Letters

Letters 12-14-2014

Come Together There is a time-honored war strategy known as “divide and conquer,” and never has it been more effective than now. The enemy is using it against us through television, internet and other social media. I opened a Facebook account a couple of years back to gain more entries in local contests. Since then I had fallen under its spell; I rushed into judgment on several social issues based on information found on those pages

Quiet The Phones! This weekend we attended two beautiful Christmas musical events and the enjoyment of both were significantly diminished by self-absorbed boors holding their stupid iPhones high overhead to capture extremely crucial and highly needed photos. We too own iPhones, but during a public concert we possess the decency and manners to leave them turned off and/or at home. Today’s performance, the annual Messiah Sing at Traverse City’s Central Methodist Church, was a new low: we watched as Mr. Self-Absorbed not only took several photos but then afterwards immediately posted them to his Facebook page. We were dumbfounded.

A Torturous Defense In defense of the C.I.A.’s use of torture in a mostly fruitless search for vital information, some suggest that the dire situation facing us after 9-11, justified the use of torture even at the expense of the potential loss of much of our nation’s moral authority.

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4Play: Bruce Springsteen, YOSO, CTI Records, California Guitar Trio

Ross Boissoneau - December 6th, 2010
Bruce Springsteen – The Promise (Columbia)
This set of leftovers from the Darkness on the Edge of Town sessions proves two things: Springsteen made the correct selections for that album, and there’s no reason this should have been kept in the vaults this long. Darkness was tough and hard-rocking, while these two CDs (three plus DVDs in the deluxe set) offer a slightly more encompassing view of the Bruce of 30 years ago. It’s interesting to hear different versions of “Candy’s Room” and “Racing in the Street.” Other highlights abound, from the bouncy “Ain’t Good Enough For You” to studio versions of live favorites “Fire” and “Because the Night.”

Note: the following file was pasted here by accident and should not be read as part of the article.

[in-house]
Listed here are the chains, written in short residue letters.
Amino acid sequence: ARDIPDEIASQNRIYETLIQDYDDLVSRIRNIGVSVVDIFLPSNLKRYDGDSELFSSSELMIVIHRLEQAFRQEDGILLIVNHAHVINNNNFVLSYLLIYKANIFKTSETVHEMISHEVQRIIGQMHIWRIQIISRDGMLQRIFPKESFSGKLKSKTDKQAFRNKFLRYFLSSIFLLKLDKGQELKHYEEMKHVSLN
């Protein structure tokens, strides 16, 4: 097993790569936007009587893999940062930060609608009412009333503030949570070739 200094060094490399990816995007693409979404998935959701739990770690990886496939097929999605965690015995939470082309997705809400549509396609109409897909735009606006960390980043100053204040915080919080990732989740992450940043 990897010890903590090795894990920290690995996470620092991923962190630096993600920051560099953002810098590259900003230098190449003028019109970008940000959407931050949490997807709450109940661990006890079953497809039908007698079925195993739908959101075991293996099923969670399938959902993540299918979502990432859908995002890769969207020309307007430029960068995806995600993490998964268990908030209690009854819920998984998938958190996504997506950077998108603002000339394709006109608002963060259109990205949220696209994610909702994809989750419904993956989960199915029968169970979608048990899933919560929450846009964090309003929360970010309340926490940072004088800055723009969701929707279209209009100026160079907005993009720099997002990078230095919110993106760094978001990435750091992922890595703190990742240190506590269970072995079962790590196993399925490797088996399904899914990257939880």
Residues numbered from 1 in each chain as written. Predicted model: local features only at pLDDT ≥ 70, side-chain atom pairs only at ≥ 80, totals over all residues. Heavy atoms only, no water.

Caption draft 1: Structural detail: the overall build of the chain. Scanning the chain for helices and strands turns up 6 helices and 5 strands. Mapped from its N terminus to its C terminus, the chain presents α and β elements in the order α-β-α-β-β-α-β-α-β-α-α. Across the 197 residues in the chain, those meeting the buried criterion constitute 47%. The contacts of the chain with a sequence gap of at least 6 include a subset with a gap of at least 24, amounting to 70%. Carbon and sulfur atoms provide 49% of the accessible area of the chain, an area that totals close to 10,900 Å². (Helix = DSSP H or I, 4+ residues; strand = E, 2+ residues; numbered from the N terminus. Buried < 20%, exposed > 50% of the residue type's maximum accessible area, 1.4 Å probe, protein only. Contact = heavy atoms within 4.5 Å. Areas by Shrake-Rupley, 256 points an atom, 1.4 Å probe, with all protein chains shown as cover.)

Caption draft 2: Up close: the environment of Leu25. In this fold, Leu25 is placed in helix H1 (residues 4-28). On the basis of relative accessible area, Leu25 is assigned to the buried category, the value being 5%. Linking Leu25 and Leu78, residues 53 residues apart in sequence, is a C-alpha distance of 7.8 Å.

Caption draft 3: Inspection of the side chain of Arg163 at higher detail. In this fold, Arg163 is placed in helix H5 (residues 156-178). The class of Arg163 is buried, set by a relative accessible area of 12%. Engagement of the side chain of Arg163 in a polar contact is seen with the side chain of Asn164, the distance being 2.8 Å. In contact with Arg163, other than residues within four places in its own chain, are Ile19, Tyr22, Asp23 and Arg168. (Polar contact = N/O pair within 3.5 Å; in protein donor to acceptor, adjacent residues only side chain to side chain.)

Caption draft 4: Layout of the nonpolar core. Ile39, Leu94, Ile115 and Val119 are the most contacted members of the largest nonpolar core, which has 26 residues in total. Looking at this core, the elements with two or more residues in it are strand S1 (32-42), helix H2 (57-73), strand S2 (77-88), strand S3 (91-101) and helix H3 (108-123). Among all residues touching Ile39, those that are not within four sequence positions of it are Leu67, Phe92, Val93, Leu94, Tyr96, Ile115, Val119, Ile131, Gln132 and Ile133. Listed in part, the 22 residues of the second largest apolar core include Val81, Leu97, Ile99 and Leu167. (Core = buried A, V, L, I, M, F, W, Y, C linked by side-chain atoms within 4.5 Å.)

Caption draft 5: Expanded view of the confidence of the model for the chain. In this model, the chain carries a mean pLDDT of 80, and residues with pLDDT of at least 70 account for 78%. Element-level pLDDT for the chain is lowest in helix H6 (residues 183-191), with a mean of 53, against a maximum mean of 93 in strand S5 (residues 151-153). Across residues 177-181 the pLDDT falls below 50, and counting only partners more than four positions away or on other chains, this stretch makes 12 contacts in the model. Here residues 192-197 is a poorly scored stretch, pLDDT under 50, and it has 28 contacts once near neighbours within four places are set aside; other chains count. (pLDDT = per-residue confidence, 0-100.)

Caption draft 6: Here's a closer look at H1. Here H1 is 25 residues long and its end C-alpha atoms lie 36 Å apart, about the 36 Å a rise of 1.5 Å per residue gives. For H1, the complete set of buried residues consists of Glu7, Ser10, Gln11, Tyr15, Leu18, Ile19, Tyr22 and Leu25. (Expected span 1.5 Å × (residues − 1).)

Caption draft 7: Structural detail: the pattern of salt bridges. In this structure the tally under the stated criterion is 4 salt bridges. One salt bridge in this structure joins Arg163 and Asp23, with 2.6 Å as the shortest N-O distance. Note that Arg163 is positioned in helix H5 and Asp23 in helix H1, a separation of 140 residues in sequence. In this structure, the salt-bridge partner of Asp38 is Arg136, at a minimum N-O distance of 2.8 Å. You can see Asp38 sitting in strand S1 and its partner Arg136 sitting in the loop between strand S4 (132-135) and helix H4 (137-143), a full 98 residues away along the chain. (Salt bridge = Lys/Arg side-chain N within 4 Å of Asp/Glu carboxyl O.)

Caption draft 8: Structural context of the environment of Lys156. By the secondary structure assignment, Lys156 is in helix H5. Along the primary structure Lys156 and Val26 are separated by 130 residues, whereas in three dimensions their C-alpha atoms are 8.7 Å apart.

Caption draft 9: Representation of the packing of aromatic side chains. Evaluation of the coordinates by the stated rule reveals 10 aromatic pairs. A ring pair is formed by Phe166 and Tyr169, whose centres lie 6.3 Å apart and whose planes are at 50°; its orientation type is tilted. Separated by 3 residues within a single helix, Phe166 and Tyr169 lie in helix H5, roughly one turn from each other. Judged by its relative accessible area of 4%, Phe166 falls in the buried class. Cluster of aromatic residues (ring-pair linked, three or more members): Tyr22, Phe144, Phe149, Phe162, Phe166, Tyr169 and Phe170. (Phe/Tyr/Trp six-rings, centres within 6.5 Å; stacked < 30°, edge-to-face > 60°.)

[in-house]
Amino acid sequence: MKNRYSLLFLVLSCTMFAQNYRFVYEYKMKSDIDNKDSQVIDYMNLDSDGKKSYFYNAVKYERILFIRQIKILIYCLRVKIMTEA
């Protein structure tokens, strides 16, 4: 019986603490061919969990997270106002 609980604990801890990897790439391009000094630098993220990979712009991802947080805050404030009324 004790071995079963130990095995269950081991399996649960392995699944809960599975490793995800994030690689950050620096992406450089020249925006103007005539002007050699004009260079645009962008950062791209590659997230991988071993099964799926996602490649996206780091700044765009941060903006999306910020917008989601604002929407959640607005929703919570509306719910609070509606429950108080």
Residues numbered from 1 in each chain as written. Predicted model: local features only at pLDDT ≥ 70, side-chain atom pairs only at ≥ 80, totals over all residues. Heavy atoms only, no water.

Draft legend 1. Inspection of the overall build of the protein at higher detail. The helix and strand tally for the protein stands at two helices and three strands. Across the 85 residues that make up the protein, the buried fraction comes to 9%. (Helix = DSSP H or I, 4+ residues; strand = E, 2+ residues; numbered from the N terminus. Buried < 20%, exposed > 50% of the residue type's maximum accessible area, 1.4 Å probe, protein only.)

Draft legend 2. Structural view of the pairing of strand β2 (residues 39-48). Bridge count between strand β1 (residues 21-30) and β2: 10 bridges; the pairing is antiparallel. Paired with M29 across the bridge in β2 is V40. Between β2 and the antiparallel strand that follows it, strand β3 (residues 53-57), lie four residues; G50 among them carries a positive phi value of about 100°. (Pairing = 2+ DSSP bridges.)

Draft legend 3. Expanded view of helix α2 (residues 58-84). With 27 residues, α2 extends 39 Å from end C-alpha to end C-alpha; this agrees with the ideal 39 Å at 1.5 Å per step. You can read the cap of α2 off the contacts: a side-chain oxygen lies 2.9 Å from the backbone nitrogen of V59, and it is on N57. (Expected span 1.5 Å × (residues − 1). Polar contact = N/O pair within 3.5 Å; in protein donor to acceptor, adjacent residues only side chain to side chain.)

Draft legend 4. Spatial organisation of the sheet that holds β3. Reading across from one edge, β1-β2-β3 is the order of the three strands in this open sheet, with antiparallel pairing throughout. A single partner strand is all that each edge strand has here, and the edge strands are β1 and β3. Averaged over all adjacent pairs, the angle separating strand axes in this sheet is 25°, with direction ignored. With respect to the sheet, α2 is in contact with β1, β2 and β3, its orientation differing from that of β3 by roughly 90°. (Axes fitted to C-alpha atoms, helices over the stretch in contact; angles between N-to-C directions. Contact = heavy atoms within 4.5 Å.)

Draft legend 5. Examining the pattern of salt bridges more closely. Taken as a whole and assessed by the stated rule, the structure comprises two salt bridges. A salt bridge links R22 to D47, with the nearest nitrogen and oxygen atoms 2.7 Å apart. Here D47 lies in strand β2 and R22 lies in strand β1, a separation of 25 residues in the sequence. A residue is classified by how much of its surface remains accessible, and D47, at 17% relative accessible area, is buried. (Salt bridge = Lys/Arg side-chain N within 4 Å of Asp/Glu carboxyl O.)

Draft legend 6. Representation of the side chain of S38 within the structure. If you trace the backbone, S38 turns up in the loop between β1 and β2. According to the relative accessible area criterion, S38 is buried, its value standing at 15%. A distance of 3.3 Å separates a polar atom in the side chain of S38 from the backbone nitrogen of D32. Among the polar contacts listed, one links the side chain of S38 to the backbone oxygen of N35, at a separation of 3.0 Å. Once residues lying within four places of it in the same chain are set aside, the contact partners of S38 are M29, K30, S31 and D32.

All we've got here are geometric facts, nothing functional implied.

YOSO – Elements (Frontiers Records)
Two parts Yes (keyboardist Tony Kaye and multi-instrumentalist Billy Sherwood) and one part Toto (vocalist Bobby Kimball), YOSO strikes a balance between Yes progginess and Toto’s radio-friendly rock. What might not be expected is that this two-CD set is really quite good. Kimball’s soaring vocals are matched by the power of the music. Live, the group adds a guitarist and drummer (Sherwood handles both here, as well as bass, keyboards, and backing vocals), and they perform a smattering of their previous bands’ songs. But this set suggests promise for YOSO as a recording group, as well as live attraction.



CTI Records – The Cool Revolution (CTI)
During the 70s, the CTI label – for label head/producer Creed Taylor (Inc.) – produced a bevy of high quality jazz recordings, with the likes of Ron Carter, Freddie Hubbard, George Benson, Antonio Carlos Jobim, and many others. The styles ranged from straightahead jazz to crossover, Brazilian to big band. This four-disc retrospective is divided into Straight Up, Big Hits (including Grover Washington Jr.’s “Mister Magic”), the Brazilian Connection, and Cool and Classic. For those around the first time, this will bring back memories. Those who weren’t now have the chance to hear these great tunes in great sound.


California Guitar Trio – Andromeda (Inner Knot)
This new set of all-original music may be the best CGT album ever. High praise indeed. But considering the quality of these songs and the performances, it’s not out of line to suggest that. The three members of the CGT – Bert Lams, Paul Richards, and Hideyo Moriya – have been together going on 20 years, and their unique approach continues to serve them well. The combine elements of classical minimalism, surf rock, acoustic folk, and progressive rock in their instrumental palette. Check out the quotes from Genesis’s “Supper’s Ready” or “Turn of the Tide.” Shimmering melodies shifting from electric guitar to acoustic, with a dash of bass, drums, stick or marimba to spice things up.
 
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